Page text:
Organic Yogurt E. coli Outbreak – When Healthy Food is a Natural Disaster

When shoppers at PCC Community Markets in the Seattle area put the co-op’s organic, grass-fed yogurt in their baskets, they likely believed they were making a healthy choice. What they never could have imagined is that days after eating the product, they would fall seriously ill or feel the terror of watching their child do so. Yet, that is what is happening in Washington right now.

PCC organic, grass-fed yogurt has been linked to an E. coli outbreak that includes 11 confirmed cases in Washington and a secondary case in Arizona. Six of the patients are children under the age of 10. Seven people have been hospitalized, three of them with hemolytic uremic syndrome (HUS), a form of kidney failure associated with E. coli infections that most often affects young children. Treatment for HUS includes dialysis, tansfusions and kindey transplant.

The yogurt linked to the outbreak was produced for PCC Community Market stores by Pure Eire Dairy of Othello, WA. Yogurt sold under the PCC and Pure Eire brand names are now under recall for E. coli O157:H7 risk.

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When PCC and Pure Eire teamed up six years ago, PCC wrote a blog post about it on their website. Pure Eire was certified organic, Non-GMO Project Verified, and the first dairy farm in North America to be Certified Animal Welfare Approved (AWA) and Certified Grassfed by A Greener World (AGW), the author wrote.  “If farmers were Hollywood stars, this is like winning an Oscar and an Emmy — an exceptional achievement.”

Now, six years on, a sad revelation. The “trophies” are meaningless because there’s a gap on the shelf where the Grammy for food safety should have been. And the PCC yogurt E. coli outbreak is just the latest example of when healthy foods become natural disasters.

E. coli lawyer- yogurt in a bowl

Outbreaks Linked to Organic Foods

When consumers buy organic foods they believe they are buying foods that are healthier than conventionally produced foods, according to a Pew Research study. And in terms of selecting foods that have higher levels of nutrients and lower levels of chemicals, they’re correct. But if organic farmers, or the companies that prepare and distribute their products, don’t have good food safety practices, the foods they produce can become contaminated with dangerous bacteria, just as conventionally produced food would be.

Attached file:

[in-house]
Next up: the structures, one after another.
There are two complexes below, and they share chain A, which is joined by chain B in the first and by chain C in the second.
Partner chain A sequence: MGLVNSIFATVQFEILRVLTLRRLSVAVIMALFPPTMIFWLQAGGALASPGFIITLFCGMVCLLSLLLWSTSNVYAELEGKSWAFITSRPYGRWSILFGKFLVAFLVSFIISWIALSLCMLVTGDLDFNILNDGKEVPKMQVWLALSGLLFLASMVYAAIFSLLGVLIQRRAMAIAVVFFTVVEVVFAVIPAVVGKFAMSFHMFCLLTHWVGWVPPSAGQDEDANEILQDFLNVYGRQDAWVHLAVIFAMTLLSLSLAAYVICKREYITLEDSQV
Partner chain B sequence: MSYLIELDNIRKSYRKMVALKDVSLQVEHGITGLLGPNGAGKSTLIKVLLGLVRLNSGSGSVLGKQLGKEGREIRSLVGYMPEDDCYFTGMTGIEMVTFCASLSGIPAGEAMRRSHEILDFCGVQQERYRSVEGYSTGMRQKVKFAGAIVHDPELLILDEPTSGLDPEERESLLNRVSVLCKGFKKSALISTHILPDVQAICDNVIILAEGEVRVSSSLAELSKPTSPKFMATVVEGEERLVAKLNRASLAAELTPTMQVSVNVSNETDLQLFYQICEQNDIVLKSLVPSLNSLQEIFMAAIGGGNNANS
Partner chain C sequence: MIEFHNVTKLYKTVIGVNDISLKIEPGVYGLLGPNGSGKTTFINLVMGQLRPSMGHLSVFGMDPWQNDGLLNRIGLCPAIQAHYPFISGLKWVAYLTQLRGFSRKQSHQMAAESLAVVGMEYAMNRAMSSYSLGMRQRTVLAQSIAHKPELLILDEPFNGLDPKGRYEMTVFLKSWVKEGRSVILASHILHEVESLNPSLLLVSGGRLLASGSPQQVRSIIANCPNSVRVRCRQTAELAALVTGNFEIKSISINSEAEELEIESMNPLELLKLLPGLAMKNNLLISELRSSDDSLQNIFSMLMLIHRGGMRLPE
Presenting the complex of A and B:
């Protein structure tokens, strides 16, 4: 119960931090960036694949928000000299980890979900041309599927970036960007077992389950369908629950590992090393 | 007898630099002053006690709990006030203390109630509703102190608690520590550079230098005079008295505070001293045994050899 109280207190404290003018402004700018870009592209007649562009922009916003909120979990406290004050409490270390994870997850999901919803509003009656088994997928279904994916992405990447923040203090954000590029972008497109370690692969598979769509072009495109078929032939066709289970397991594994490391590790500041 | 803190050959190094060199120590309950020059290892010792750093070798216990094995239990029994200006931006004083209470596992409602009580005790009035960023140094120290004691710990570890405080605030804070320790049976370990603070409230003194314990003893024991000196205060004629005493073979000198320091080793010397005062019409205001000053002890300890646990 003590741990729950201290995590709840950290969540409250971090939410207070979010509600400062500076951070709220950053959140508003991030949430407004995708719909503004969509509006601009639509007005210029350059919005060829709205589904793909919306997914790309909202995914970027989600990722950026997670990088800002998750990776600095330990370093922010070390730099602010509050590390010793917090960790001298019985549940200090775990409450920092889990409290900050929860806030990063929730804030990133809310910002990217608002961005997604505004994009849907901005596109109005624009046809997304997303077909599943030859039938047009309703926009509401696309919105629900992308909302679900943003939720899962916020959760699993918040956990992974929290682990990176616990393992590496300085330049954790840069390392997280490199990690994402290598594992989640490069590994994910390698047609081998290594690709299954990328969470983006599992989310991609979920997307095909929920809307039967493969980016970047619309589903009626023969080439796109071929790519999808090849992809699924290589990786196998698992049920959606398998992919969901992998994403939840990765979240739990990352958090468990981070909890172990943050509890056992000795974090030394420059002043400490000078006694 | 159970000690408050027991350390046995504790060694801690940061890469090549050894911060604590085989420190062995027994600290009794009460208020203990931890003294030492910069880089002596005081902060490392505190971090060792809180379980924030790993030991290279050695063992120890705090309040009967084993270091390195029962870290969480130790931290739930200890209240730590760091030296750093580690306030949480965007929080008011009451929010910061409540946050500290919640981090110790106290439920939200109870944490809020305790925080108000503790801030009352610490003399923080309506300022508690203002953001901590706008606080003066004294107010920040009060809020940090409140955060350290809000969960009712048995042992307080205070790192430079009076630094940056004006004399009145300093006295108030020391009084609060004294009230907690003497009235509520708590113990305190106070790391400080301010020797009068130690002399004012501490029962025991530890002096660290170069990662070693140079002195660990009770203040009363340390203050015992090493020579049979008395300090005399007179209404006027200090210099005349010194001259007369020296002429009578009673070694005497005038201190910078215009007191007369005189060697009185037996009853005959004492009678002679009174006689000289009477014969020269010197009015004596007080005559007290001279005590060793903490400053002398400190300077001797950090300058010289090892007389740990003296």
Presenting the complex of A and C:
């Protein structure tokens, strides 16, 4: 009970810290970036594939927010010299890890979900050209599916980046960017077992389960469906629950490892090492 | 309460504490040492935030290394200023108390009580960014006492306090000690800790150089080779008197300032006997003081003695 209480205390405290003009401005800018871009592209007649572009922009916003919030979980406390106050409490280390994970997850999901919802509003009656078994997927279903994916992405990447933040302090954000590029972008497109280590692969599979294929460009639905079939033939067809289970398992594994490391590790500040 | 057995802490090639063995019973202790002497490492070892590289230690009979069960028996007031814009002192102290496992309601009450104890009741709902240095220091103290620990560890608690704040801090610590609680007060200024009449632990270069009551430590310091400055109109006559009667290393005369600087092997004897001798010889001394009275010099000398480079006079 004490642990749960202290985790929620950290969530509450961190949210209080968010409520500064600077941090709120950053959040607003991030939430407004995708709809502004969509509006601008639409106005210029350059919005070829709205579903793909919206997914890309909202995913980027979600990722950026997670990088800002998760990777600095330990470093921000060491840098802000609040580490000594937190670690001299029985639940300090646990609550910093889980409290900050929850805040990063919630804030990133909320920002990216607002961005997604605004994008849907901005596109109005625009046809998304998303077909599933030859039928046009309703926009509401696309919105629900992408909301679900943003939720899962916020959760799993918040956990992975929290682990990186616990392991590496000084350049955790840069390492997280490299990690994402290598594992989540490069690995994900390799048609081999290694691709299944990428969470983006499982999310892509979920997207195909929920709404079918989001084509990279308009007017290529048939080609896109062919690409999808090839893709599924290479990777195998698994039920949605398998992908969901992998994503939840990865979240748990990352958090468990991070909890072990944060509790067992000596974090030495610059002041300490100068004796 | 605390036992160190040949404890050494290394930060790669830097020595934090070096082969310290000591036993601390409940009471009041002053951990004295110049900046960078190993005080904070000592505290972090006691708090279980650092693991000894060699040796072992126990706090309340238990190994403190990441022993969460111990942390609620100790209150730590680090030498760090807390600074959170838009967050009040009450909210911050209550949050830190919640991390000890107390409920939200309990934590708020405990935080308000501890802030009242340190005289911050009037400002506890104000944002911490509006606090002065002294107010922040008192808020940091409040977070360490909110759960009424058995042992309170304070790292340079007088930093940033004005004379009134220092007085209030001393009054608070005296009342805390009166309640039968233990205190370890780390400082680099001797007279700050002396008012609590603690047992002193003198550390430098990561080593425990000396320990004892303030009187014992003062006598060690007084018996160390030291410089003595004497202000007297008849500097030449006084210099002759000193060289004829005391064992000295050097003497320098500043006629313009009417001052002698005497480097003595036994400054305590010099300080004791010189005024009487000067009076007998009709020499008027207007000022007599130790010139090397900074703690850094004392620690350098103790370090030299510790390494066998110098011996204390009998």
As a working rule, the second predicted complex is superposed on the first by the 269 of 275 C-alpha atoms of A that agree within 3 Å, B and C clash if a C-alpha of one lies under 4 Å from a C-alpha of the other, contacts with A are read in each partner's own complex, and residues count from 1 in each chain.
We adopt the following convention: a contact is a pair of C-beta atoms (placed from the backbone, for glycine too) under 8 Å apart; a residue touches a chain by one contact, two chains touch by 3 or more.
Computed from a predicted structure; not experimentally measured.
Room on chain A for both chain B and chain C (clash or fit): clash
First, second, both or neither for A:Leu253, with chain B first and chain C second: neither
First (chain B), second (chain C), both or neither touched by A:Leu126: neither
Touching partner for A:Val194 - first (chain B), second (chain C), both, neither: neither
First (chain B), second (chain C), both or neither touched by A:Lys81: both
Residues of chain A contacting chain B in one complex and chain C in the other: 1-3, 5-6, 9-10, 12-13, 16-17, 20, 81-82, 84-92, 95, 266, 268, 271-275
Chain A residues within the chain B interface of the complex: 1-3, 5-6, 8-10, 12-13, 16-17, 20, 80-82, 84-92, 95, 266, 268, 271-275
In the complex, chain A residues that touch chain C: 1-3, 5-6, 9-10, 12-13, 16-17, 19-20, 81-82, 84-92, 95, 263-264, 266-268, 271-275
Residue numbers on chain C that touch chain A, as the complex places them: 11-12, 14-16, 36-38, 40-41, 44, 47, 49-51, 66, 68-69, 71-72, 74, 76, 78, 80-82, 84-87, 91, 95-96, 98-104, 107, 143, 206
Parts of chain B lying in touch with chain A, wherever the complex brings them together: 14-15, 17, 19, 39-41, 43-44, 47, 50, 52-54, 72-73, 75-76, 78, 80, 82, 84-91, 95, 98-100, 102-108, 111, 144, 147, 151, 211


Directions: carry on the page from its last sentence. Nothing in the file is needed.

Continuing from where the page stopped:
Here’s a look at some recent outbreaks linked to organic food that was grass-fed, cage-free, hormone-free, antibiotic-free, humanely raised, or all of the above.

Salmonella in Plainville Farms, Wegmans, Nature's Promise Ground Turkey

Organic, Natural, (Humanely Raised, Antibiotic-free, Steroid-free, Vegetarian-fed) Poultry, Salmonella

Earlier this year, a Salmonella Hadar outbreak was linked to organic, natural ground turkey made by Plainville Brands of New Oxford, PA. The ground turkey was sold under the brand named Plainville Farms, Wegmans, and Nature’s Promise, the store brand for Food Lion, Giant Food, Giant/Martin’s, Hannaford and Stop & Shop.

Plainville Farms makes products from turkeys that were humanely raised, antibiotic-free, steroid-free, and vegetarian-fed, according to its website. These products include fresh meats, pre-cooked meat, deli meats, and bacon. Their product labels bear the “Earthwise Seal,” the company’s trademarked designation of products that represent the “highest standard in certified organic and natural poultry.”

Despite these standards, something went wrong somewhere. And Salmonella, bacteria that live inside chicken intestines and are excreted in their poop, ended up in the ground turkey.

The 14-state outbreak sickened 33 people, four people were hospitalized. The patients, who ranged in age from less than 1 to 92 years old, reported onset of illness on dates ranging from December 28, 2020, to April 22, 2021. The number of cases reported from each state was: Arizona (1), Connecticut (2), Indiana (1), Maine (1), Maryland (1), Massachusetts (7), Missouri (2), New Hampshire (1), New Jersey (3), New York (4), North Carolina (3), Pennsylvania (4), Vermont (1), and Virginia (2).


Organic, Grass-Fed, Hormone-Free, Antibiotic-Free Ground Beef, E.coli Recall

Salmonella lawyer- peaches
Organic Peaches, Salmonella

Last summer, organic and conventional peaches were the source of a Salmonella outbreak that sickened 101 people in 17 states. Twenty-eight people were hospitalized. An outbreak in Canada linked to the same peaches sickened 57 people.